Scranton Chamber: How did you decide on your company’s name?
Kelly Oppelt: Amanda and I both made lists of potential names separately and then we discussed our top picks together. We decided to go with Smart Blonde; it was Amanda’s pick, because it was different. Our name has really given our business personality. Now, we are known as “The Blondes” wherever we go. We even have shirts that say “I’m the smart one.”
SC: What sets your business apart?
Amanda Kuhn: Our customer service sets us apart. We provide the best care we can for our clients and are always honest with them. We don’t just look at our business as design projects; we are building relationships with business owners. We take pride in our work and we want to be able to give our clients what they want.
KO: Most people know about our business through word of mouth. We get referrals from our clients and have had a lot of repeat clients. We want to help make their business easier and provide quality work for them. Our clients know that we are just a phone call away.
SC: What is the biggest challenge being in business with a friend?
KO: We don’t have challenges; we get along very well. We are both responsible for different portions of the business. I do the design work and Amanda is responsible for the business management. We work together to run the business and keep focused.
AK: We both respect each other’s opinions and trust one another. We really agree on most things but if we don’t agree on something, we talk about the situation and make the best decision we can for the business and our clients.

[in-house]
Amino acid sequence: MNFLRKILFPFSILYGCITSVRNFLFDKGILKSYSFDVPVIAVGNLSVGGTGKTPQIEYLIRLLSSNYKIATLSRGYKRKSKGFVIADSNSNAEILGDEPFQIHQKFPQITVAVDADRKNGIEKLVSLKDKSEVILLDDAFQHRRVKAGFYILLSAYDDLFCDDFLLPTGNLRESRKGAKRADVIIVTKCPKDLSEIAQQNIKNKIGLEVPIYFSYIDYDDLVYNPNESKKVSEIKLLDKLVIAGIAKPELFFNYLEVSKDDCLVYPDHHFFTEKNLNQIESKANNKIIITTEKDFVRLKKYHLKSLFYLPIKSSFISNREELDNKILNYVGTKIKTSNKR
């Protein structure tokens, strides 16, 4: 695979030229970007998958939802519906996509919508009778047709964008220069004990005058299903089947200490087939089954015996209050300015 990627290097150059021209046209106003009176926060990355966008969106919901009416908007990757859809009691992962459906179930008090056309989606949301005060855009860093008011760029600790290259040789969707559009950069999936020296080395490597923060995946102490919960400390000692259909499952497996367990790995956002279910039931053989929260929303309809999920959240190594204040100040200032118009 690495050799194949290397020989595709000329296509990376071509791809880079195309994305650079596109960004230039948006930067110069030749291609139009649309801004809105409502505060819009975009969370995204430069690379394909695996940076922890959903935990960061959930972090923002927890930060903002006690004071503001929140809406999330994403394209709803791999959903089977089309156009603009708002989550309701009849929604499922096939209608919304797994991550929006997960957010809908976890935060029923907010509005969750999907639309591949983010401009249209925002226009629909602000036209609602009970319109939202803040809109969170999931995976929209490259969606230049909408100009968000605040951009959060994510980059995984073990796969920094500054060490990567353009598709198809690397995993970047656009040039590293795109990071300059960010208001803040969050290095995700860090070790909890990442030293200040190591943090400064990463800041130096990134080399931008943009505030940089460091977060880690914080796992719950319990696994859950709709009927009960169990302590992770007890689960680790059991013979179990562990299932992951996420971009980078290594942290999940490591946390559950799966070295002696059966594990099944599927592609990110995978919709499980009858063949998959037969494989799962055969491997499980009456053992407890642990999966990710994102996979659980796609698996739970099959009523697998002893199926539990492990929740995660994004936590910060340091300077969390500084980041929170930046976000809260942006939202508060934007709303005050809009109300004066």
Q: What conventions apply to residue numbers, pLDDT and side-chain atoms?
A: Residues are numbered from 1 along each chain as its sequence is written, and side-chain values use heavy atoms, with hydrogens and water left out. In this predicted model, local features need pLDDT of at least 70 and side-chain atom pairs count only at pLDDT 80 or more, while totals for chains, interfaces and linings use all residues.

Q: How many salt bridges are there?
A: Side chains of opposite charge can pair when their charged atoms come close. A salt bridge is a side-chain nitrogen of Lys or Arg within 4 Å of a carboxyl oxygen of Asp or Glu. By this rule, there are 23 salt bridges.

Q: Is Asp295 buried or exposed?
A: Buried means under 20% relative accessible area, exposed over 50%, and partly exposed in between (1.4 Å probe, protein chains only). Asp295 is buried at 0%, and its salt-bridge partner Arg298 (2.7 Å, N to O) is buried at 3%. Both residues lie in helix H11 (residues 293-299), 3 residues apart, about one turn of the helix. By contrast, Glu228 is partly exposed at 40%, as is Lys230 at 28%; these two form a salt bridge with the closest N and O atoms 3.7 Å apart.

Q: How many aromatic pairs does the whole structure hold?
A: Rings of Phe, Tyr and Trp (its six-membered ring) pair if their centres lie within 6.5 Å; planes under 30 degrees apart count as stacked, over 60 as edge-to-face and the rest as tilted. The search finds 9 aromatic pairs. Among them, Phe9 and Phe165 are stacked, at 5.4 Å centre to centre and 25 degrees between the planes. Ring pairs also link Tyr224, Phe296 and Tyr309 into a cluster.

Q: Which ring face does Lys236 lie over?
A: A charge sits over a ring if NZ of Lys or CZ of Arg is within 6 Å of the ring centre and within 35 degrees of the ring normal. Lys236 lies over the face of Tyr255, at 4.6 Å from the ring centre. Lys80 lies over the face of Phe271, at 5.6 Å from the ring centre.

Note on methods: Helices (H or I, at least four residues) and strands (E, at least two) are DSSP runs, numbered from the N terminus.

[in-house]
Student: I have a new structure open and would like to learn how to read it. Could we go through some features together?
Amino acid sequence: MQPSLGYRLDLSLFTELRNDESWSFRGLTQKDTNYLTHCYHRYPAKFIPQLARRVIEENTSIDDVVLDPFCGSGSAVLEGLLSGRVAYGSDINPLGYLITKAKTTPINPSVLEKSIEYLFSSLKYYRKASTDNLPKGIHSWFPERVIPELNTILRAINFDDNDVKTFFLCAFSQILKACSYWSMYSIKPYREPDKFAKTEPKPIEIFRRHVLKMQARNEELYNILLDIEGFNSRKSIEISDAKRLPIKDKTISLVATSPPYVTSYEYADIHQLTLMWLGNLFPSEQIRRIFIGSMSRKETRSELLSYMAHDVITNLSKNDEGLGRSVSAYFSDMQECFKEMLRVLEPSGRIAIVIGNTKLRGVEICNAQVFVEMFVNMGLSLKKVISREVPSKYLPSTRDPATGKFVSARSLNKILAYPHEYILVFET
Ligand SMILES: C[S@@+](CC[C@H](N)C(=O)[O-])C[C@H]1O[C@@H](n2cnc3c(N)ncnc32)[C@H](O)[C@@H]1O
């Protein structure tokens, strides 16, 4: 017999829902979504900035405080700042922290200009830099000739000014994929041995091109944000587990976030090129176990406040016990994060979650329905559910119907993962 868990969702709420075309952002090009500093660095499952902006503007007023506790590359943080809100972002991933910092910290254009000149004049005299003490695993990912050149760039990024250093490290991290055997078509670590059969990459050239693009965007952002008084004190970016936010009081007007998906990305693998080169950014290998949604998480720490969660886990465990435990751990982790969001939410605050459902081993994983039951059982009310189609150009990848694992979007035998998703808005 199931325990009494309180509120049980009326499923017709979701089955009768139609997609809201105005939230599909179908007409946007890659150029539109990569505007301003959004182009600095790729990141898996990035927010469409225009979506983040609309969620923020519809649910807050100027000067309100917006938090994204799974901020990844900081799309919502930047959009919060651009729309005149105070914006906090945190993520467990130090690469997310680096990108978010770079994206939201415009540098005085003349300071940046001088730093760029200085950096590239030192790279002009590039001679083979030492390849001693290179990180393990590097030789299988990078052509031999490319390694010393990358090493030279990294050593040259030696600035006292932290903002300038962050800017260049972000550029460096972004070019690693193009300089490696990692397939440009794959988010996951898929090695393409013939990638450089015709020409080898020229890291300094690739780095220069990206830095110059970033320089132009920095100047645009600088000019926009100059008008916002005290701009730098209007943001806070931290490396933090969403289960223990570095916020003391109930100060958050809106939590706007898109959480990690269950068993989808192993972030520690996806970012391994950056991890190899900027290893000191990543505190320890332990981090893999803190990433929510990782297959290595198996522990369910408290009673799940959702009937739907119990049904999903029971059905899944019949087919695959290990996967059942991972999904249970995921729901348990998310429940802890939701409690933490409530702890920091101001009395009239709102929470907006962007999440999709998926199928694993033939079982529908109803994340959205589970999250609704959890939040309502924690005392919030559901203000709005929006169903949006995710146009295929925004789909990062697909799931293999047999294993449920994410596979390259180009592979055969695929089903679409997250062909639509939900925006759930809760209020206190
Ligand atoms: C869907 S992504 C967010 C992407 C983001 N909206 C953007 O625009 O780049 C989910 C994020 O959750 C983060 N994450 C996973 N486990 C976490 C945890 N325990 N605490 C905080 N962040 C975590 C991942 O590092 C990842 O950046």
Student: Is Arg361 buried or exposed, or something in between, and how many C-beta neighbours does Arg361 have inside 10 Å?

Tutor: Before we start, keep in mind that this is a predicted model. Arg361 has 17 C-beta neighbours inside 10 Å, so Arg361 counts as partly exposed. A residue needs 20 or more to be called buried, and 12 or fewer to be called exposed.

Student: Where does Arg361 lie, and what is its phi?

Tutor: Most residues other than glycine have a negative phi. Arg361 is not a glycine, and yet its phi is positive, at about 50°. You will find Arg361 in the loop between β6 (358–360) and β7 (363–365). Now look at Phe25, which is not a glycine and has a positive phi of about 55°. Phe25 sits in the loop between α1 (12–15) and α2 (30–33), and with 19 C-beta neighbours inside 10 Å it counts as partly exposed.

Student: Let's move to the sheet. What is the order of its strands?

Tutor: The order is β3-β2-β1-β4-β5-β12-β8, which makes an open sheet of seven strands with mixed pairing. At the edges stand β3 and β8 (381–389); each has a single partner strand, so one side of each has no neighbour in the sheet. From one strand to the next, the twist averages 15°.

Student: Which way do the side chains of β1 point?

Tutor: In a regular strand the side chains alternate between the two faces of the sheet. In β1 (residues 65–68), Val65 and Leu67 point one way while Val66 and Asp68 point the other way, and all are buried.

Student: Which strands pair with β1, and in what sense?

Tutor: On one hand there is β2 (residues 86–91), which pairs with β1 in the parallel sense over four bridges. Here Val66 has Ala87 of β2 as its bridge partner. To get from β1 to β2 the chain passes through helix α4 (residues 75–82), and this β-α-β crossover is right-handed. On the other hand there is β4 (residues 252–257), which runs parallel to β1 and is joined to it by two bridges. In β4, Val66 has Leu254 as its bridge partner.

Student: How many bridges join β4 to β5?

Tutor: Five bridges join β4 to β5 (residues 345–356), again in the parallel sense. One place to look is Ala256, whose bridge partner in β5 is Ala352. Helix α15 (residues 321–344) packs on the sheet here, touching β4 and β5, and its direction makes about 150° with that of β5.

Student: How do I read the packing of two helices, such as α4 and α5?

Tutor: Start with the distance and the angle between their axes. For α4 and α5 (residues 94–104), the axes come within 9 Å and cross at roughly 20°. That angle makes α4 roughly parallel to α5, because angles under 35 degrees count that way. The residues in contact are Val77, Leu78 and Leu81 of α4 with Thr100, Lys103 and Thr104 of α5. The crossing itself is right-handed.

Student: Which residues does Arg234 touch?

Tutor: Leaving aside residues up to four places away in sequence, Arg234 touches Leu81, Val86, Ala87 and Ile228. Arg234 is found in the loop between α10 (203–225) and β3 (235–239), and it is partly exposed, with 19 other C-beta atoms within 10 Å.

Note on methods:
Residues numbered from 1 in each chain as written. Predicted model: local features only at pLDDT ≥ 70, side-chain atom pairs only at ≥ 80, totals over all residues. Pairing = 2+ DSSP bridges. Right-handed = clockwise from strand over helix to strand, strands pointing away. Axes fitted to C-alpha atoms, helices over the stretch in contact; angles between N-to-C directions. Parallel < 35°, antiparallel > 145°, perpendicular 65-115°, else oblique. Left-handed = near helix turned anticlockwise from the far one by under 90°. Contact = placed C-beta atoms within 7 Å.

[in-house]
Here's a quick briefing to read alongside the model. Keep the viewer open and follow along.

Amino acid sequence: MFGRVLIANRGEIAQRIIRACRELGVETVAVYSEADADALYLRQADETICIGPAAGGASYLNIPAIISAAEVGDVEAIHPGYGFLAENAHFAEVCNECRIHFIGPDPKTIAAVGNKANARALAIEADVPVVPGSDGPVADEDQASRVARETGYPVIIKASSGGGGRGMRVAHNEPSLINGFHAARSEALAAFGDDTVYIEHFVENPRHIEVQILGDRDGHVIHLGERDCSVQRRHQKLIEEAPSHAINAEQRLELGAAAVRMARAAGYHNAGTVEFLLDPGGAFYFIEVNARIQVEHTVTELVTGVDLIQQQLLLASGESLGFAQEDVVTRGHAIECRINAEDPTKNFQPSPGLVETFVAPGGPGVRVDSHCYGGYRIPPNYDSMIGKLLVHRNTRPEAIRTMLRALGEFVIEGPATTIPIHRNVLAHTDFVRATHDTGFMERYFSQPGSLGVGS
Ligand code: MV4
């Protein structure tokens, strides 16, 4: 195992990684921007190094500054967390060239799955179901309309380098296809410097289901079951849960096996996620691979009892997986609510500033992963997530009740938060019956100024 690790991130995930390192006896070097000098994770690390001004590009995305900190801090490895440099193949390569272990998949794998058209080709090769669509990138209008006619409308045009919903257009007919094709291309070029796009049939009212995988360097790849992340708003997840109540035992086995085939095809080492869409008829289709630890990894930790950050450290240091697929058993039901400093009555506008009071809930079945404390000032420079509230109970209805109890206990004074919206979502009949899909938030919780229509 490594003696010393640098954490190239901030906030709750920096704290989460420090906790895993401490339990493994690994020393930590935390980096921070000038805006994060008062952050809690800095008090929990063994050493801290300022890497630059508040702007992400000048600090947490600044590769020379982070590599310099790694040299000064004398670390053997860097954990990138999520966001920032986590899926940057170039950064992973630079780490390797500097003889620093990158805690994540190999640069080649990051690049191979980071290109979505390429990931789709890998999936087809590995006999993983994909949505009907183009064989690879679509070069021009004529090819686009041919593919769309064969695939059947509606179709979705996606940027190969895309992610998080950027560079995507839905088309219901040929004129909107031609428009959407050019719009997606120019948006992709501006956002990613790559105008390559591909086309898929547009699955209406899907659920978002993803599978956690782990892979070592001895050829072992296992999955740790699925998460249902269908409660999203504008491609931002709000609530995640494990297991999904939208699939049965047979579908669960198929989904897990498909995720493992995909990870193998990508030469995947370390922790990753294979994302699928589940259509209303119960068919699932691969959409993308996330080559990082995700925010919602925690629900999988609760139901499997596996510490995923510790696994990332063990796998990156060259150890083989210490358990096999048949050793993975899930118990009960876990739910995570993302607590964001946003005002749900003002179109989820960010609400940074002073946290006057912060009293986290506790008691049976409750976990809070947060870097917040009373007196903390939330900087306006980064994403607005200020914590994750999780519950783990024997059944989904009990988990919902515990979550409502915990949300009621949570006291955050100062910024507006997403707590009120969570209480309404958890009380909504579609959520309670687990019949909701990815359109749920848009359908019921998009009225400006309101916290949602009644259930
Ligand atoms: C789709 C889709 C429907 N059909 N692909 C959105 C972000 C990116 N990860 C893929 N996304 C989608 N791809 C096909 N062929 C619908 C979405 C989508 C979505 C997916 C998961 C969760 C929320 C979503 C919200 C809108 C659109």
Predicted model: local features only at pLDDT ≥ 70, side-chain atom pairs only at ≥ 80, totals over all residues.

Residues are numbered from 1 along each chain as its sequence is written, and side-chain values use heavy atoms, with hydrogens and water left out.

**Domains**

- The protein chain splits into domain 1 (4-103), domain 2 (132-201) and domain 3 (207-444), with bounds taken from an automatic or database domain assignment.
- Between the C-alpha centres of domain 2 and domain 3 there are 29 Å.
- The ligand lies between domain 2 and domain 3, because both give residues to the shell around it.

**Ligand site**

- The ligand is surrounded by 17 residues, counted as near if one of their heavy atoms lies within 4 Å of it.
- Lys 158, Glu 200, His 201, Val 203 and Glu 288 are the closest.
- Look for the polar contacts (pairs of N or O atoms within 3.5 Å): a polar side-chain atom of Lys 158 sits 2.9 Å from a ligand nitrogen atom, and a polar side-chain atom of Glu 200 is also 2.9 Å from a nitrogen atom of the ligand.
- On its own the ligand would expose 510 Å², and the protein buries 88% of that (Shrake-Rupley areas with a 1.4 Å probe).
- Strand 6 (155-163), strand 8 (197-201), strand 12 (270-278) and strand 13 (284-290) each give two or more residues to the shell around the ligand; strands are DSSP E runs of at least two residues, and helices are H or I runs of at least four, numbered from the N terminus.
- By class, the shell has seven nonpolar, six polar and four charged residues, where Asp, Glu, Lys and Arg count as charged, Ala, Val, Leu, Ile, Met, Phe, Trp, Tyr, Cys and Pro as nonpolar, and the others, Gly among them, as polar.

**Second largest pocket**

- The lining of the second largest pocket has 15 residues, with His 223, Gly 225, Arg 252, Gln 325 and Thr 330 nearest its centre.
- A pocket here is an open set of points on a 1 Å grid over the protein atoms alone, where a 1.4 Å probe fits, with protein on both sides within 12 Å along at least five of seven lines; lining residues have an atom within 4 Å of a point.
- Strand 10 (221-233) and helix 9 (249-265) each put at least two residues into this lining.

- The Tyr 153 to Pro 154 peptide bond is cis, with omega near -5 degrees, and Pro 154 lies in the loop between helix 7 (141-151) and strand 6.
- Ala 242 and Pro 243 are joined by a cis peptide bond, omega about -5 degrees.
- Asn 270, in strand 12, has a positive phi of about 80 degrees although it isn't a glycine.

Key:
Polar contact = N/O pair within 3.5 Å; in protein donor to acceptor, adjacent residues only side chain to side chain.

SC: Do you have any advice for people who are thinking of starting their own business?
KO: You need to be patient with your business, and be willing to work with your clients to meet their needs.
AK: You need to be prepared for things to change with your business. When we developed our business plan we knew how our business needed to function but when our business started, we had to make adjustments to our original plan.
SC: How has The Chamber helped your business?
AK: Kelly and I really believe that The Chamber has watched out for our business and has opened up business opportunities for us. Since we joined The Chamber,we’ve received phone calls from board members to make sure we are making the most out of our membership. They also assisted in providing financing for our start-up business.
SC: What is your next goal? What are you working on now?
AK: We would love to start a community publication. We are always thinking of new ideas and our next goals. Right now, we are focused on our clients and their needs and we want them to see us as their “in-house designers” without working in-house. Kelly and I pride our business on being dependable and available for our clients.
SC: How have you been able to help the local community?
KO: We have been able to give back to local organizations in the community with donated work or time at an event. We also have been able to learn about businesses in the area and discuss what they value and what they want to accomplish. Those businesses inspire us.
— by Amanda E. Marchegiani, Greater Scranton Chamber of Commerce